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Street Fest given approval for 2009 event

By Staff | Apr 17, 2009

Shepherdstown resident Ed Zahniser speaks in favor of Street Fest. Photo by Michael Theis

Shepherdstown Street Fest was granted the use of German St. for their 2009 festival, but with some caveats. Also, the town officially has a new police chief, a new city councilman, and a new town recorder. These were the results of last Tuesday’s packed City Council meeting at Town Hall, 104 N. King St.

It was standing room only at the town council meeting, the Street Fest agenda item was responsible for most of the crowd in attendance. This had the unintended benefit of providing a sizable audience for the swearing in of Shepherdstown’s new police chief, Timothy Johnson, who the Council unanimously approved with no discussion. Council members noted that Johnson’s appointment has generated a positive response from residents, businesses, and employees of the town.

The assembled crowd also witnessed something of a municipal-government version of a Chinese fire drill: Council woman Lori Robertson resigned her seat only to be immediately sworn in as town recorder, a recently vacated position. Her resignation to fill a vacancy created yet another vacancy for her old Town Council seat. Mayor Jim Auxer appointed and swore in Jim Ford, co-owner of the Thomas Shepherd Inn, to the seat recently vacated by Robertson.

Next on the agenda was the location for the 2009 Shepherdstown Street Festival. A diverse crowd consisting of local business owners, residents, local artists, and charities contributed to, what at times seemed like a public negotiation mediated by the Town Council. Representatives of Street Fest were asking for the closure of German St. from 7 a.m. to 10 p.m. on the day of the festival. Meredith Wait, a local retailer and president of Shepherdstown Business Association asked that the Town Council approve Street Fest for a permit on King Street, so as to not affect their downtown parking. Representatives from the Shepherdstown Museum and Shepherdstown Day Care told the council that Street Fest has been one of their biggest fundraising days, with the Museum making $2,000, and the Day Care raising over $1,200 selling hot dogs at last years Street Fest. Lindsey Guild, a local screen-printer living outside of town, said the t-shirt sales from her booth at Street Fest have paid her mortgage for that month, and testified that Street Fest is one of the busiest days of the year for the Blue Moon Cafe, for whom she has worked for 10 years.

Out of this civic round table came a list of caveats with which the permit to close German St. was approved: The Street Fest organizers wil have to appoint a member of their event staff to patrol the sidewalks to make sure that vendors aren’t crowding the public walkways, they will appoint a public liason for the day whose job it will be to respond to keep the lines of communication open between downtown businesses and the Street Fest organizers, and signage directing visitors to campus parking will be as prominent as the parking signage campaigns during Shepherd football games. The caveat likely to be most apparent to participants in the upcoming street fest will be the elimination of open alcohol consumption on German St. with the creation of streetside beer gardens designed to contain public displays of intoxication. Many retail business complained of rowdy drunks wreaking havoc on the inventories of their stores, and the nerves of their employees.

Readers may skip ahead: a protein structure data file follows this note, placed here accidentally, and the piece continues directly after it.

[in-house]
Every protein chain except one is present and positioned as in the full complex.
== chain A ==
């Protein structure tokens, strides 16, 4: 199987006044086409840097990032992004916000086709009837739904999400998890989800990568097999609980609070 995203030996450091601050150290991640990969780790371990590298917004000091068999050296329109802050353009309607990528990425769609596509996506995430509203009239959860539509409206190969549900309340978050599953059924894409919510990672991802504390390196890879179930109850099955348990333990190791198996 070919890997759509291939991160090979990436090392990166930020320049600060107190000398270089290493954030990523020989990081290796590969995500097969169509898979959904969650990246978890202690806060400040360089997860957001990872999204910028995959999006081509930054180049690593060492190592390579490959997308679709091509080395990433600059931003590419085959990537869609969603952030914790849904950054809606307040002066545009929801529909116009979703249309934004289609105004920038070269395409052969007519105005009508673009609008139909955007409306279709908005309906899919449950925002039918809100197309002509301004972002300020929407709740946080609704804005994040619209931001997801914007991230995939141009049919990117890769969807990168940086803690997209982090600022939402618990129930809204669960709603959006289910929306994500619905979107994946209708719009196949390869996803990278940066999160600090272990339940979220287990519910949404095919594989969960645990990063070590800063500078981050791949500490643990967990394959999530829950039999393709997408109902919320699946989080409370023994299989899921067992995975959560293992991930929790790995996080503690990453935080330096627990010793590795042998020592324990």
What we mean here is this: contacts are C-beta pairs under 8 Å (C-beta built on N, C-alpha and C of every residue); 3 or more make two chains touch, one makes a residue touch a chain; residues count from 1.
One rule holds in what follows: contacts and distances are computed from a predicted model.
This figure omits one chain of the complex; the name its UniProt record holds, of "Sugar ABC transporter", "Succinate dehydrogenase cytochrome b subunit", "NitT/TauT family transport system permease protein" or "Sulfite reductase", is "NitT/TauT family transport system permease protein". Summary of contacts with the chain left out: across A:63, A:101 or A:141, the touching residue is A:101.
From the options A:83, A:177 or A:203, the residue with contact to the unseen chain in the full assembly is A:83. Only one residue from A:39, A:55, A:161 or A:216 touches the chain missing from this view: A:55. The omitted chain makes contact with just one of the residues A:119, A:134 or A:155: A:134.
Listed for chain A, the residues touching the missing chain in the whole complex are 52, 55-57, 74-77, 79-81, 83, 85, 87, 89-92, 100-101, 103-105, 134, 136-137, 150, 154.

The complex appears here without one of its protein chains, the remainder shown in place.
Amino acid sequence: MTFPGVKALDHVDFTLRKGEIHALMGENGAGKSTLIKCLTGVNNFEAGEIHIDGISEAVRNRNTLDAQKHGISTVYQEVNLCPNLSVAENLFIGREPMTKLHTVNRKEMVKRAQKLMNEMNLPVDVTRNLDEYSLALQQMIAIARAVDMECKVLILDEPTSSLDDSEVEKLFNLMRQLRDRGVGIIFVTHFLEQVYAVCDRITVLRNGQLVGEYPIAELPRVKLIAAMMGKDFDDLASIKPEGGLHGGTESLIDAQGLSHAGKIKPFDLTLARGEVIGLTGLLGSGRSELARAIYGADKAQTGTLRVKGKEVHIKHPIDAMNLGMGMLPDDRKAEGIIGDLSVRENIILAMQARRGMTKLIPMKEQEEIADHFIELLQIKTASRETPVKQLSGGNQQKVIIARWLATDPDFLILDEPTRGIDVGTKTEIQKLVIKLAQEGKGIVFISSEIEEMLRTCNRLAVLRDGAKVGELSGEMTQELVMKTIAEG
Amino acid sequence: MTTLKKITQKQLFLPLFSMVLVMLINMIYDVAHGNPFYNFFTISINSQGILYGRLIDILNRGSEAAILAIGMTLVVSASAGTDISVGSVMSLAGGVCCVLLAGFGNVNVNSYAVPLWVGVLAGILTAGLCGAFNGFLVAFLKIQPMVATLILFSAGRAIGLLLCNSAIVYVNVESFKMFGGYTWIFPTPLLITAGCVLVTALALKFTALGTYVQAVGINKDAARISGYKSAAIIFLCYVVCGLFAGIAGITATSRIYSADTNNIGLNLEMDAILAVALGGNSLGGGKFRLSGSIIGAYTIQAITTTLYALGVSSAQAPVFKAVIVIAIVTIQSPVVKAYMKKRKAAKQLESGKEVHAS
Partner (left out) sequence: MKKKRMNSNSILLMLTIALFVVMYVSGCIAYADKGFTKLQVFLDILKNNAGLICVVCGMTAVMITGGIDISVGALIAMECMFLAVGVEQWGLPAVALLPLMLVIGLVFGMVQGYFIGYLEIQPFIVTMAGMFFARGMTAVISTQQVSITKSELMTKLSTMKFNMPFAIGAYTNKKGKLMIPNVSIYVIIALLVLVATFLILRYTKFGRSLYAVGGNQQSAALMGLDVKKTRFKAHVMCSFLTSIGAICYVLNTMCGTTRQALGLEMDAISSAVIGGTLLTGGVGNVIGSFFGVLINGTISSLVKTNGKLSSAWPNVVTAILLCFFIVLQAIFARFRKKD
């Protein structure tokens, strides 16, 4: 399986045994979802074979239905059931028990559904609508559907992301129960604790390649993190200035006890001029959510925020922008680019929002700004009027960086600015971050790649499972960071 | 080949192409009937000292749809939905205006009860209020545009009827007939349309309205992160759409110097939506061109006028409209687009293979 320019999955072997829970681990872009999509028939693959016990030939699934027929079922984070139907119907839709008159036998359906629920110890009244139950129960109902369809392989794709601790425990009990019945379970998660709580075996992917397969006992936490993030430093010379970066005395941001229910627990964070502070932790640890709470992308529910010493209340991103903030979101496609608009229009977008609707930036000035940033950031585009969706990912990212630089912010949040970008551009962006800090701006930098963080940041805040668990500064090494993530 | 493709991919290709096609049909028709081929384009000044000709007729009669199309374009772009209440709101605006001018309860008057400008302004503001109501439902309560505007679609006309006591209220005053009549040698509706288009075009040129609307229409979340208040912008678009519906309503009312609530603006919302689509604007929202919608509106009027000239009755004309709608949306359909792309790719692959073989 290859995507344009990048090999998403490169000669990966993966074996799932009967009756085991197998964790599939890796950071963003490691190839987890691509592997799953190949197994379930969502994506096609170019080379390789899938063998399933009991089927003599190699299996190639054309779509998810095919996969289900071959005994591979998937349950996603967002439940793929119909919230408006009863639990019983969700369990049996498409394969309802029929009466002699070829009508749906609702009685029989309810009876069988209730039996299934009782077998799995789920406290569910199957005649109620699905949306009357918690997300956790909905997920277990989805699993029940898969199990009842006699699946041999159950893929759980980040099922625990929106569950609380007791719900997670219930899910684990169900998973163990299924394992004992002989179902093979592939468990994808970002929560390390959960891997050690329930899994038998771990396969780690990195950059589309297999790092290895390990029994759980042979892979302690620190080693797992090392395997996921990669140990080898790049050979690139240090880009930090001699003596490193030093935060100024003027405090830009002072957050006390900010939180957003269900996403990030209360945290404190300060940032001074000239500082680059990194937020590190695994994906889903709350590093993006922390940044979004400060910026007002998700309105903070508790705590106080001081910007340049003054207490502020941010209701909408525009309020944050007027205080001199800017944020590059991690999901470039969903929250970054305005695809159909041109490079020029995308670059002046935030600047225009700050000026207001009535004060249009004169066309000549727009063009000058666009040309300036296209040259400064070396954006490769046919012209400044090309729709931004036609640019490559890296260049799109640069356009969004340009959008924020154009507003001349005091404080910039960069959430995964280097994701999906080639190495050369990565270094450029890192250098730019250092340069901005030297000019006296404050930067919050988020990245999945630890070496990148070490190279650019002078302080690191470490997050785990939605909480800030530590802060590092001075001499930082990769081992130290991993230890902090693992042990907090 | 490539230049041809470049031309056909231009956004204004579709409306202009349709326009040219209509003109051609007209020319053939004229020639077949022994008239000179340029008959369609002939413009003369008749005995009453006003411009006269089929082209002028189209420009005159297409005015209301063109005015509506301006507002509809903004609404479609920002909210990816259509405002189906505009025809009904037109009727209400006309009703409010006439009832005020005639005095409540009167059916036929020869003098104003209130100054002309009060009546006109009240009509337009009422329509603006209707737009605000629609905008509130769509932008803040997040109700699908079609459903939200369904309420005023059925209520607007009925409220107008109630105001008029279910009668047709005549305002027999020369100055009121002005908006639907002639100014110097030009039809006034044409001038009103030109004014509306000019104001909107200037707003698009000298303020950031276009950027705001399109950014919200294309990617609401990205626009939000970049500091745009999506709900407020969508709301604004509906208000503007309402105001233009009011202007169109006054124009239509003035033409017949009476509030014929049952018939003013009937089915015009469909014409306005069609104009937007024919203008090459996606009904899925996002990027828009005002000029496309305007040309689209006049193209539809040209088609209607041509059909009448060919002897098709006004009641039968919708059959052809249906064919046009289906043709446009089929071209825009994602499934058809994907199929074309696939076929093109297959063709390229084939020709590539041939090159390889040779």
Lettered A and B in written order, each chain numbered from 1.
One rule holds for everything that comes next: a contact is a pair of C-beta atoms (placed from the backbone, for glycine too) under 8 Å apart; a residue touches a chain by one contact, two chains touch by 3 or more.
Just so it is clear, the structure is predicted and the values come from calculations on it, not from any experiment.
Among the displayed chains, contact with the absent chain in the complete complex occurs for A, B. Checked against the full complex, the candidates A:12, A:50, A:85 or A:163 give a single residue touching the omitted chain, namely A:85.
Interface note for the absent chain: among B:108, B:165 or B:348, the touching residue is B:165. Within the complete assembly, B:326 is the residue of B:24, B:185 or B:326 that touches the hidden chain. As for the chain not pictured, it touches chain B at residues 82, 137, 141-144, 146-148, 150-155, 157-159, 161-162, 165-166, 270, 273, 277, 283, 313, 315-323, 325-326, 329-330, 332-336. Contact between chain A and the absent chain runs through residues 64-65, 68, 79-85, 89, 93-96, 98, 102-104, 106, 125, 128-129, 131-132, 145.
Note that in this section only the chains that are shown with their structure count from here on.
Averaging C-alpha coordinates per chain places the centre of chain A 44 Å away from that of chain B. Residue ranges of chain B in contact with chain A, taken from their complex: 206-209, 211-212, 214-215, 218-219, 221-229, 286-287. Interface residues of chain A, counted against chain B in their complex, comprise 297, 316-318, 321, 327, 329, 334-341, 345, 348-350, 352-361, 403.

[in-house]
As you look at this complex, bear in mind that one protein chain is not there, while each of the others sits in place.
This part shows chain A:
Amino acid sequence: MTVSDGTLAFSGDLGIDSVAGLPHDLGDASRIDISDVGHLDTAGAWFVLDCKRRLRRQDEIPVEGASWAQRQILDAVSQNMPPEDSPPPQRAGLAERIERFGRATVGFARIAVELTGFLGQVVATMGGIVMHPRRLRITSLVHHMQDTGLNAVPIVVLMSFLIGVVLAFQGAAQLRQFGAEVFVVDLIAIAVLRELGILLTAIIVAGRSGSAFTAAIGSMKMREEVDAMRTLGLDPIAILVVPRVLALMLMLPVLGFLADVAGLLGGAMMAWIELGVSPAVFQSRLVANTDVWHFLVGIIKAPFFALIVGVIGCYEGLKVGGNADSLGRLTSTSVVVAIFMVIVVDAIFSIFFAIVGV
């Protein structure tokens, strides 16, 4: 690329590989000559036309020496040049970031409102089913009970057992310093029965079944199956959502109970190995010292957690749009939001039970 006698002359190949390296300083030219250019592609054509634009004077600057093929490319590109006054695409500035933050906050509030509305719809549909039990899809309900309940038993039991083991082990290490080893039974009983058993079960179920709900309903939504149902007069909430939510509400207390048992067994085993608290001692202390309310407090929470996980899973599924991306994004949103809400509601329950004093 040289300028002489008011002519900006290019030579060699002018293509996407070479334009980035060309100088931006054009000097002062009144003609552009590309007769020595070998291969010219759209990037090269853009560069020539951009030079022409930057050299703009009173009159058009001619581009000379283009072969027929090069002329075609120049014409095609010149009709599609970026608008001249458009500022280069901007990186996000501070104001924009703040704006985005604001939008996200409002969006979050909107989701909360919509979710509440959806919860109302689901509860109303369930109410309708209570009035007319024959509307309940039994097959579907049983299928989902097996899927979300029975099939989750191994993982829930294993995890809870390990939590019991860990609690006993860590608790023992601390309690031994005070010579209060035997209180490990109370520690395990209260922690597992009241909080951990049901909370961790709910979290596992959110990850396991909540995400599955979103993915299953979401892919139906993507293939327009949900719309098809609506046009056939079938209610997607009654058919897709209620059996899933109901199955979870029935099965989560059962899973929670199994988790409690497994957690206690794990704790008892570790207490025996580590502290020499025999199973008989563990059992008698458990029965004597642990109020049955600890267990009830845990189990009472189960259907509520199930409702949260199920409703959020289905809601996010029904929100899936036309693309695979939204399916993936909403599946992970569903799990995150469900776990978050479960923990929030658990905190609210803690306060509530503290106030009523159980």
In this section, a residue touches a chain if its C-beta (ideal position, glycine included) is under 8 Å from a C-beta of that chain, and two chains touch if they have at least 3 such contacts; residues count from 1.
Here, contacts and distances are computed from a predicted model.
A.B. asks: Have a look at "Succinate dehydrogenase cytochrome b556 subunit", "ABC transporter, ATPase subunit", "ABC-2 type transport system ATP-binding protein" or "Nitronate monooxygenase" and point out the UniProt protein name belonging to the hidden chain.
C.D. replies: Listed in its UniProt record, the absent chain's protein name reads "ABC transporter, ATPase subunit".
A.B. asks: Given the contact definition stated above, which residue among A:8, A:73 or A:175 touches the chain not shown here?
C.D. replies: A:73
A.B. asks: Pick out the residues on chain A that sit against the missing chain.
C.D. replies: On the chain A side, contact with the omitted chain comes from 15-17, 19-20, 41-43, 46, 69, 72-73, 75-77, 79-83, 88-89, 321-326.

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Employees can

donate sick leave

The Council also passed a measure which allows a Town employee to donate up to five days of sick leave, on a voluntary basis, to any other employee who is experience a catastrophic illness. This measure, spearheaded by Council woman Wanda Grantham-Smith, was crafted to meet the needs of an employee of the town who has recently been dealing with health problems.

Boot, garbage fee increases advanced

The Town Council voted to increase the fee incurred when ones car is booted by parking enforcement. The fine jumps from $50 to $100. A 7 percent increase in the garbage rate was also approved. This increase, the first garbage rate increase since 2005, is designed to cover the costs of the Town recycling program.

Sewer rate

increase proposed

The sewer rates saw a dramatic jump upwards of 20 percent. This increase is designed to meet utility rate requirements to be eligible for low interest loans from the Infrastructure Council, a state entity which funds public works projects, for the construction of a new waste-water treatment plant, projected to cost $9.75 million. In order to be eligible for monies from the Infrastructure Council the rates must be 1.5 percent of the median income of a city’s residents, around $48,000 for Shepherdstown.

Other items approved were a donation to the local Cub Scout troop, two police enforcement grants, the Riverside Park budget was reclassified as the Rumsey Park budget. The Building Commission was dissolved, and its members now form the Town Hall Construction Committee.